This was my second year in Madagascar working for the same company. The work was very hard and I had to put in long hectic hours every day. In the course of my work I met so many interesting people that I couldn't imagine meeting in Korea. I loved my new life, my new friends and my social circle.
When I was in my early 20s vacationing in Philippine, I had prayed to God that I wanted to live one complete year for the benefit of others before I turned 30 years old. By the end of 2004, I realized I was 26 years old. The thought of that prayer was constantly in my mind so I was on the lookout for that kind of opportunity that year.
I found out about a medical NGO in Madagascar for the medical welfare of the Madagascan people. I decided to make one of the boldest decisions of my life. I left my comfort zone by leaving the job I already had and applied to join that NGO. Many people thought I had gone crazy by leaving such a nice job which was a tough one but paid so well. I feared that I would be back to square one with no money and no saving but then I realized that I was young and could always switch back to my old job if I was in trouble.
Once I made peace with my heart I was very happy working for that particular NGO which had a very cool work description. They helped the poor who didn’t have access to any proper medical facilities. The NGO had a mobile clinic which visited villages and gave people basic medical help at their door step.
I was lucky that I spoke three languages. I was not a master of all three but spoke them better than everybody else I knew in the NGO. Therefore, I frequently helped the administration with documentation and written procedures. At that time, I helped this NGO with a big lawsuit by going to court and fighting for the rights of the poor people. This gave me an amazing internal feeling that I cannot explain.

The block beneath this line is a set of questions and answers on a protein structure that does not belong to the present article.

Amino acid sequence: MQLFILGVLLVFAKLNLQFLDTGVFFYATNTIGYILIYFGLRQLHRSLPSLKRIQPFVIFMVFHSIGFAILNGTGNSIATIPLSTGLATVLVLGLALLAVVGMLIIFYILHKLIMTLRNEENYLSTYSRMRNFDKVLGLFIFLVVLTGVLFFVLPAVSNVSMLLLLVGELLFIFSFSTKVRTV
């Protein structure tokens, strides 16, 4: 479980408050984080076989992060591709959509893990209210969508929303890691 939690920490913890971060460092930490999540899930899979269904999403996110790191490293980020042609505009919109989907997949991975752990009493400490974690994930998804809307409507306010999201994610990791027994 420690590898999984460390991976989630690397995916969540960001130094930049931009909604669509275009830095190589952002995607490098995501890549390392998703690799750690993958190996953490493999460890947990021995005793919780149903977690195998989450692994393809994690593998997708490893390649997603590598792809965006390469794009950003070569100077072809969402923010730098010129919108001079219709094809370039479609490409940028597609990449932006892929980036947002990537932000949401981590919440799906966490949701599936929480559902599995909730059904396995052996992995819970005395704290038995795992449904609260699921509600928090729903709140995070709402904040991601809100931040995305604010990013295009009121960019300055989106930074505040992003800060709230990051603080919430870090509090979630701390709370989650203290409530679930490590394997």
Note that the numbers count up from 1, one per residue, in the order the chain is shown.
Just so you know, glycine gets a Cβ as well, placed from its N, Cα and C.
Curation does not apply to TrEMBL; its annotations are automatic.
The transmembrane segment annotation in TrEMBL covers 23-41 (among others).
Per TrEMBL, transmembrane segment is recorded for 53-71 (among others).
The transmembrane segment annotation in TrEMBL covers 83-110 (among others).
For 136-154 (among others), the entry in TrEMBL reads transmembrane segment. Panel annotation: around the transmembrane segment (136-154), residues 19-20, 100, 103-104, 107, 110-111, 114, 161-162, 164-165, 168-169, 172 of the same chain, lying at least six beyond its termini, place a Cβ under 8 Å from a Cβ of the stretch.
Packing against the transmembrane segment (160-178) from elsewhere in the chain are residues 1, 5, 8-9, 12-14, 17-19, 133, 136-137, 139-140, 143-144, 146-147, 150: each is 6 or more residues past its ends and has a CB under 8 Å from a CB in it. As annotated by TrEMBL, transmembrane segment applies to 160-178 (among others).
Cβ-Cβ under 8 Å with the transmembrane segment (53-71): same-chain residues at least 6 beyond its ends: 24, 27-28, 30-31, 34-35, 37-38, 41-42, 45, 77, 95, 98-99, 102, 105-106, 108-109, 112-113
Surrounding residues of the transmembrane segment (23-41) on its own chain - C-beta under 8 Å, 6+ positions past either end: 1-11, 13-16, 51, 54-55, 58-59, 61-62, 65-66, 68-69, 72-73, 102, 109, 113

I had left a luxurious life that I was living that previous year. I had to move to a smaller house leaving my big house in a safe colony. I had started to shop from a local market which I didn’t do in my first year in Madagascar. However, this paradigm shift taught me a lot about survival techniques for the future. It taught me how to bargain and how to save money from every angle possible.
I also had to travel on a local bus which was scary at first as the people stared at my foreign face but later I got used to it. Traveling on the local bus every day became a routine and easier as time went on. I lived outside my comfort zone for a year which made me learn so many things about myself and the means of survival. The only difficulty was the lack of money but it was covered by the blessings I received. The number of friends I made on this journey was an amazing experience. Every friend I made had something to teach which was a blessing in disguise. I had complete trust in God, and I knew that he would pull me out of all the financial difficulties I could ever face.